At 8:22 AM, Blogger Isabella said...

Fortunately, I have handfuls of old little people left over from my own childhood. Most of them are wood, with plastic hairpieces afixed, but some are plastic, notably the very distinguished-looking black and white dog (of which I have 3!). My 2-year-old loves them. It does hurt to step on them, particularly the little girl with the pointy pigtails, but the new fat ones with their flailing arms are equally treacherous.

 
At 8:52 AM, Blogger anonyMoses said...

I really miss "Bag-o-glass". Great fun, notwithstanding the cuts and scatches.

Ever see that skit on SNL with Ackroyd as a hack salesman of dangerous toys? Another one was a plastic bag you wore over your head. Something like that. Too early to think. Send coffee! Plus vite! :)

Anyway...mornin'!

-dave

 
At 11:36 AM, Blogger Badaunt said...

I remember very few toys in our house that weren't battered and/or in bits, aside from Dinky toys. (The Dinky toys all vanished for a year or so, though, because my brother had 'posted' them down the back of the piano.)

But the games we played would probably get my parents arrested these days. My personal favourite was the 7-meter swing. You were pulled by a rope, not pushed, and clinging to the ropes sat on a little board - and FLEW.

 
At 2:44 PM, Anonymous Anonymous said...

Little kiddie toys will inevitably cause you pain no matter how "safe." There's nothing quite like the sensation of a nice Lego brick, for example, embedding itself in the arch of your foot. It activates this unique nerve that acupuncturists probably know all about - the Lego Brick Nerve.

Simplicity can also be appealing; my six-year-old half-brother likes to take a bucket of driveway gravel into the house and lay it out in neat little minefields on the stairs. Just to be sure he's gonna get you.

Hey, how about those little critters, "jacks," used in the game known as "jacks." this is an exotic reference for me because they were pretty much outlawed even before my 80s childhood, but I did get to lay hands on them a few times. Boy are they evil. to me they look like fish hooks, or like those little illegal IUDs.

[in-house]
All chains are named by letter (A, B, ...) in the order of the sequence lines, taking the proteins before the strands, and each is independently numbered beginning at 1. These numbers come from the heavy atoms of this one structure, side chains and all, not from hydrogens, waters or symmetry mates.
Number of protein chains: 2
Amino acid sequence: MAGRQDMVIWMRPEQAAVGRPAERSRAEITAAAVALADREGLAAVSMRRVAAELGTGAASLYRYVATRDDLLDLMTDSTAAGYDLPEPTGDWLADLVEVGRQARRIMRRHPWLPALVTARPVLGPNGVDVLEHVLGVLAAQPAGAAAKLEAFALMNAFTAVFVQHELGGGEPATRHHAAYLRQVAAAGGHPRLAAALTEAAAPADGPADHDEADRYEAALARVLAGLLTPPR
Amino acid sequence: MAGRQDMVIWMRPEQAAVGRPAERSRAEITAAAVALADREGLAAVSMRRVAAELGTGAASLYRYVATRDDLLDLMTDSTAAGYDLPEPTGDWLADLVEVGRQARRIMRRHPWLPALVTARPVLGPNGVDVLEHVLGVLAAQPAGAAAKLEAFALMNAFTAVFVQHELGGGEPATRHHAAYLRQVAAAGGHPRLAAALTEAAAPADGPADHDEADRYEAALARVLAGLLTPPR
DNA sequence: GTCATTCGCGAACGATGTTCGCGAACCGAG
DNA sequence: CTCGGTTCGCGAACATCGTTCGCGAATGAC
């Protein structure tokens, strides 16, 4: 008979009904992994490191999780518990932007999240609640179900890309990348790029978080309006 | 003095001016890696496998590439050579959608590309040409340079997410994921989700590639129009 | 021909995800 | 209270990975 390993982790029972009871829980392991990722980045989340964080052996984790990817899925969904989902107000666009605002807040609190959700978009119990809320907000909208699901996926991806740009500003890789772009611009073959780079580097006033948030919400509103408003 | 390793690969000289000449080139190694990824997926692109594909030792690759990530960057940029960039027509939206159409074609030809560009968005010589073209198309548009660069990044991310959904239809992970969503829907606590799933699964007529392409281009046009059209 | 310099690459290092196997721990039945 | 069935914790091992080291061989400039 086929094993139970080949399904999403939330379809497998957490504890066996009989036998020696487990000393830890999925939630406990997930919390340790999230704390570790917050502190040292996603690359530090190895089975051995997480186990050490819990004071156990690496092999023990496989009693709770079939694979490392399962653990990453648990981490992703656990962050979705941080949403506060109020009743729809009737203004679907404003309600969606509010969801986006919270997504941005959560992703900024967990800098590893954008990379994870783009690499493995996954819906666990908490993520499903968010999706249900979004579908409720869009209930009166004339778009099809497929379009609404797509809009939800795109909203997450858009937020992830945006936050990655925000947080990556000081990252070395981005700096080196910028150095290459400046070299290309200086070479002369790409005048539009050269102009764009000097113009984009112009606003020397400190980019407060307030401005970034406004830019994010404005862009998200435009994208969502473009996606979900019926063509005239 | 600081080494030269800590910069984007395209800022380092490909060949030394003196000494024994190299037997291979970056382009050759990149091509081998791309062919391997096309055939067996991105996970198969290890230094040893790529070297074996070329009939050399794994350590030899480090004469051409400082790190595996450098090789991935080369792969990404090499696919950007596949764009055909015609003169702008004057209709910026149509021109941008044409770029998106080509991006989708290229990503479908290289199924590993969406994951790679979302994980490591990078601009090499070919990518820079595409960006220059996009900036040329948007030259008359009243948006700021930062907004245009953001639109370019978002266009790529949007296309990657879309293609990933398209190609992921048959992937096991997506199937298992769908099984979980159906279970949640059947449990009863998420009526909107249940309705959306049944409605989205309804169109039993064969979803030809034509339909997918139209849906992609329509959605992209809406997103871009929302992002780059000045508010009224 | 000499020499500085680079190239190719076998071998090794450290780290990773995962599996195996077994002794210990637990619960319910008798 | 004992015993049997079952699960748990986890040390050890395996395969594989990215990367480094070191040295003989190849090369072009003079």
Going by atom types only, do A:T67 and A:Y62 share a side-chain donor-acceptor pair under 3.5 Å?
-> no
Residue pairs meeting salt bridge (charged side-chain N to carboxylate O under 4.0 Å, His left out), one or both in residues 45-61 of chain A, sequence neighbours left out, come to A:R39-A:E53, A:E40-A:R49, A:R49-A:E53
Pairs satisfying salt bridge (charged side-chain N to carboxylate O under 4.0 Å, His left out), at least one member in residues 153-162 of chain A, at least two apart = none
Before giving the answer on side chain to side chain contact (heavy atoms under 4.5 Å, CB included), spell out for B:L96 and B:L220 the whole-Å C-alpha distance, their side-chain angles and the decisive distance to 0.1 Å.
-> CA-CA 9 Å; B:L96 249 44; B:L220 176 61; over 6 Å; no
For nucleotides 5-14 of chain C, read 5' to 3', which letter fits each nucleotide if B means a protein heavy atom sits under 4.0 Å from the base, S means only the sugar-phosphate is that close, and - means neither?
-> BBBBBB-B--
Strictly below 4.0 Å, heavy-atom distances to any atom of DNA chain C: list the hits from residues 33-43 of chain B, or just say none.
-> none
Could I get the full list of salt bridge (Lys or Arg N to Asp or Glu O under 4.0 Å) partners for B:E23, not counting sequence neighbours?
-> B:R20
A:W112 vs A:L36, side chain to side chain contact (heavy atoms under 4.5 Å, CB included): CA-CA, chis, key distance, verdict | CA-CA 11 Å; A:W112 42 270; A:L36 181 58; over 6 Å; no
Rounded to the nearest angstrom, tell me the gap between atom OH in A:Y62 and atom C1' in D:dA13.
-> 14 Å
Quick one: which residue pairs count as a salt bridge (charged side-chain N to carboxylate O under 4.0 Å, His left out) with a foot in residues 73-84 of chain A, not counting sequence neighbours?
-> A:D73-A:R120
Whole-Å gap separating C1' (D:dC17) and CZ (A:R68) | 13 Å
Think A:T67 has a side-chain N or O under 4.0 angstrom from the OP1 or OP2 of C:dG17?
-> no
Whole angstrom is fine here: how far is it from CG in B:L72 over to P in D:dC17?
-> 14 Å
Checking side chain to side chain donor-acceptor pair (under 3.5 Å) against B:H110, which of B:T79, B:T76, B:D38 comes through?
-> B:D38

--Melina

 
At 3:09 PM, Blogger Mirty said...

I loved the little Fisher-Price guys! There was one who wore black and had a moustachio - looked a bit like the baddie in Rocky & Bullwinkle, I thought. I liked the girl in blue with the yellow braids too. They were great!

We had the Fisher-Price garage with the little cars. Put the little people in the little car - voila! - American life! Gas & Go!

Jacks were FUN Melina! But not half so fun or deadly as the Israeli version - Chamesh Avanim. These "Five Stones" were cubes of polished metal with SHARP! edges. Much pain! Made the game yet more challenging. I was quite good at Chamesh Avanim when I was twelve or thirteen. I have the scars on my hands to prove it!

 
At 3:33 PM, Blogger Natsthename said...

We loved those Little People and still have quite the collection in the basement, even though they have not been touched in about 3 or 4 years. I guess I don't want to put them in a garage sale now, do I? Sheesh. Perhaps I'll stick them on ebay! By the way, I wonder how many kids actually choked on these? (I'll look it up!)

 
At 12:12 PM, Blogger Elisson said...

I remember an excellent toy that today would be considered so un-PC, so fraught with Deadly Danger, that I could be run out of town on a rail for just thinking about it.